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George W. Stocking Sr.
|Died||June 7, 1975 82)(aged|
|Institution||University of Texas at Austin|
|Alma mater|| Columbia University |
University of Texas at Austin
| Thorstein Veblen |
Wesley Clair Mitchell
George Ward Stocking Sr. (September 24, 1892 – June 7, 1975) was an American economist, who was one of the pioneers of industrial organization and an early writer on international cartels.
After completing a Ph.D. degree from Columbia University in 1925, he was professor of economics at the University of Texas at Austin from 1926 to 1947. During 1933-1943 he held several positions with the federal government, including the Antitrust Division of the U.S. Department of Justice, where he advised Attorney General Thurman Arnold. He founded and was professor and chair of the Department of Economics at Vanderbilt University in 1947, where he remained from 1947 to 1963. He was elected president of the Southern Economic Association in 1952, and of the American Economic Association in 1958. 
Stocking was a pioneering economist of industrial organization. Stocking's most enduring research was published in three volumes: Cartels in Action (1946), Cartels or Competition? (1948), and Monopoly and Free Enterprise (1951). The first two volumes were seminal works in the field of empirical studies of price-fixing cartels; in them Stocking synthesized lavish quantitative and qualitative data on international cartels in eight markets that demonstrated their internal mechanisms, pervasiveness in the economy, and effects on industrial performance. The third volume addressed the problems of market power in the U.S. economy and public policies to ensure the benefits of free enterprise.
Stocking graduated from Clarendon College in Texas (BA 1918), the University of Texas (BA 1918, MA 1921), and Columbia University (Ph.D. 1925). His mentors at Columbia were Thorstein Veblen and Wesley Clair Mitchell.
Stocking's first book was an empirical study of competition in the petroleum industry, in which he had worked as a "roughneck" in the oil fields of western Texas. While teaching at the University of Texas, Stocking had his first taste of public service as a member of the Consumer Advisory Board of the National Recovery Administration (NRA) in the mid-1930s, where he observed the destructive effects of the brief U.S. legalization of industrial cartels.
When the antitrust laws were reinstated after about 1937, Stocking served through the early 1940s as an economic adviser to the great head of the Antitrust Division of the Department of Justice, Thurman Arnold. It was Arnold who initiated for the first time a large number of successful U.S. criminal prosecutions of international cartels in the mid-1940s. Information from these prosecutions and from Congressional investigations of the nefarious roles played by cartels in facilitating the economic policies of national socialism formed the basis of Stocking's two landmark books on international price-fixing cartels.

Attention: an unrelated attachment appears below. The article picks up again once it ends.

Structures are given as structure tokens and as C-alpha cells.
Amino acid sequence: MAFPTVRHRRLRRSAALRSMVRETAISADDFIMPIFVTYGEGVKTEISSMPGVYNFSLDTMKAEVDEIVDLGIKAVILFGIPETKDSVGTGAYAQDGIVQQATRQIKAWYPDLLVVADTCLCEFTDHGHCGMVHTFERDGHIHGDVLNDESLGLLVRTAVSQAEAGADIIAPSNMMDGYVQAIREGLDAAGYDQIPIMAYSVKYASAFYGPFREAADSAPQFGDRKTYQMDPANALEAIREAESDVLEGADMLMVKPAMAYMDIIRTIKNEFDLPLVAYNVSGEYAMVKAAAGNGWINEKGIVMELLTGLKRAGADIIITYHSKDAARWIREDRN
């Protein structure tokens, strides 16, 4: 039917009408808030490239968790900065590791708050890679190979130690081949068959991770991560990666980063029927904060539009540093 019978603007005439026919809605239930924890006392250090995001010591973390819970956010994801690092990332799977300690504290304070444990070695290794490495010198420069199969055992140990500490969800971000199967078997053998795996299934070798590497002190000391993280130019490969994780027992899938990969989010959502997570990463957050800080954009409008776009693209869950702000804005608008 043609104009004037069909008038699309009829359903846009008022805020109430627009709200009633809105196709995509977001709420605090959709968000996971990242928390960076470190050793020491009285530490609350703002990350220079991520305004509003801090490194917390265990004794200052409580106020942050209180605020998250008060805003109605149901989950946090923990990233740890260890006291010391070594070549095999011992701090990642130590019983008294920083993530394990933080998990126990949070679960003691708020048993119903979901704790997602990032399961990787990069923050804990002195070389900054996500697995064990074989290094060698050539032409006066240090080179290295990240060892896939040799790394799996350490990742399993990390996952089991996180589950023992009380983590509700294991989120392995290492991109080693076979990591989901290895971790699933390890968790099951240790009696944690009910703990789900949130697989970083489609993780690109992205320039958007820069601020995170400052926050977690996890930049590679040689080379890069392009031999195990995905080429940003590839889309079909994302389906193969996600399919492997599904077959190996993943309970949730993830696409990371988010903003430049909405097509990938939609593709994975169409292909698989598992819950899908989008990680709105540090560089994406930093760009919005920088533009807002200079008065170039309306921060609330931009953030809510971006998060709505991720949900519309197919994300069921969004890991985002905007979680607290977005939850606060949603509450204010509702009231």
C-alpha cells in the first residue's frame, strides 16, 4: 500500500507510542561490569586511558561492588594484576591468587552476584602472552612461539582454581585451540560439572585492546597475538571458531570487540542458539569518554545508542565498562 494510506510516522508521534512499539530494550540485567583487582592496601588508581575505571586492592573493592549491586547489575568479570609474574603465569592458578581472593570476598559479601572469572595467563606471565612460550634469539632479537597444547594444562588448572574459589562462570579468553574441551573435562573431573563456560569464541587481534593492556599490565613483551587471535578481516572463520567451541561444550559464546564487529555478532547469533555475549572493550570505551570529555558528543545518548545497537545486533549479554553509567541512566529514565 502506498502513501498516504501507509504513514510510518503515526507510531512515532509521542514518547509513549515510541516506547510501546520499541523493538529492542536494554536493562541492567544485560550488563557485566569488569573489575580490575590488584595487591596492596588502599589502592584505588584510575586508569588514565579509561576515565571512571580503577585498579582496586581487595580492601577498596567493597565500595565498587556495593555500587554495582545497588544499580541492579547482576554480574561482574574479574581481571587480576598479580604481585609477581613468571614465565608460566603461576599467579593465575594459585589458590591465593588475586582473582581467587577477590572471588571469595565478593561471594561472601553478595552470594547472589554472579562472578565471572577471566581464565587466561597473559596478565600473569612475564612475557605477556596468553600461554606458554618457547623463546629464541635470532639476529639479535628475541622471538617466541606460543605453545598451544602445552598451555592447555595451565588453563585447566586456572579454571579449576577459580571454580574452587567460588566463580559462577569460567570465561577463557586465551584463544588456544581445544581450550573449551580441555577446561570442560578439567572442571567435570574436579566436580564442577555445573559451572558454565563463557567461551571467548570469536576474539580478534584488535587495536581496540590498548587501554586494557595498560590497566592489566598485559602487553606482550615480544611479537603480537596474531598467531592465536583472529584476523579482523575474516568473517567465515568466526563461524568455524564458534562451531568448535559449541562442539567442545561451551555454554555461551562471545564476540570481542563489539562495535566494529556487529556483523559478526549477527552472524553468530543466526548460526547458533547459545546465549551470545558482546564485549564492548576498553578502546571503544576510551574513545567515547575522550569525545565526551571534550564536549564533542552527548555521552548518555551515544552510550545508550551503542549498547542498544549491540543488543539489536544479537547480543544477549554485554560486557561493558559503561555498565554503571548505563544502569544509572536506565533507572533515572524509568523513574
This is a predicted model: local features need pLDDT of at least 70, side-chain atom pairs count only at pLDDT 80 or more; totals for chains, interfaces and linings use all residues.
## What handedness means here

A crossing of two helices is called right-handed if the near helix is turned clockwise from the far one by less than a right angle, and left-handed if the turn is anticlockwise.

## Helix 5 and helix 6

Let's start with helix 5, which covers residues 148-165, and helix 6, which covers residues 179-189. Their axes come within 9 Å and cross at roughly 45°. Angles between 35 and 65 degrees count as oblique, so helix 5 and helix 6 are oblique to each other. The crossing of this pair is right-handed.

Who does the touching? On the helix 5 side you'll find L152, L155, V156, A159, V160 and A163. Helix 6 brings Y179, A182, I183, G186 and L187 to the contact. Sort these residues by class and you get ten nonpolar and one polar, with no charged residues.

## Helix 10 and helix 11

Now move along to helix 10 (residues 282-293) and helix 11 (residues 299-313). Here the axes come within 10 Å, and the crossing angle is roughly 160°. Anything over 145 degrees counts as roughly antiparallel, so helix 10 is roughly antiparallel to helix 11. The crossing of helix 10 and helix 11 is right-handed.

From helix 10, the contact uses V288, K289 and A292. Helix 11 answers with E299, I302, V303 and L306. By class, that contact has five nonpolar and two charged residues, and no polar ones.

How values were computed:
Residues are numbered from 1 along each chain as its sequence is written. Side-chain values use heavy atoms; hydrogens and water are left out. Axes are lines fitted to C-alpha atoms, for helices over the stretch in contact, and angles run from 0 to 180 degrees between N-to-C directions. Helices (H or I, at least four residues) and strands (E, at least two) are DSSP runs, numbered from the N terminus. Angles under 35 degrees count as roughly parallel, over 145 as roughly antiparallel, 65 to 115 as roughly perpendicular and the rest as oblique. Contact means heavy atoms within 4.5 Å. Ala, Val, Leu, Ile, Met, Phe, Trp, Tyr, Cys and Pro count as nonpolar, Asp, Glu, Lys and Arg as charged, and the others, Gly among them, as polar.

In the 1950s, Stocking was involved in several issues that had lasting effects on antitrust enforcement. Perhaps Stocking's best-known journal article was a 1955 article in the American Economic Review that addressed what is now known as the "Cellophane Paradox." In research on the DuPont company arising from his student's (Willard F. Mueller) Ph.D. dissertation, Stocking and Mueller pointed out the error of mistaking a monopolist's inability to exercise market power by raising price above the current price for an inability to have already exercised market power by raising price significantly above the competitive price. Courts that use a monopolized product's elevated market price will typically misconstrue a completed anticompetitive act as a lack of market power. A second issue addressed by Stocking was the extent to which concepts of "workable competition" and the "rule of reason" should be employed in antitrust enforcement.
An oligopoly is a market in which control over an industry lies in the hands of a few large sellers who own a dominant share of the market. Oligopolistic markets can be described as having homogenous products, few market participants and inelastic demand for the products in those industries. As a result of the significant market power firms tend to have in oligopolistic markets, these firms are exposed to the privilege of influencing prices through manipulating the supply function. in addition to that, these firms can be described as mutually interdependent. This is because any action by one firm is expected to affect other firms in the market and evoke a reaction or consequential action. To remedy that, firms in oligopolistic markets often resort to collusion as means of maximising profits.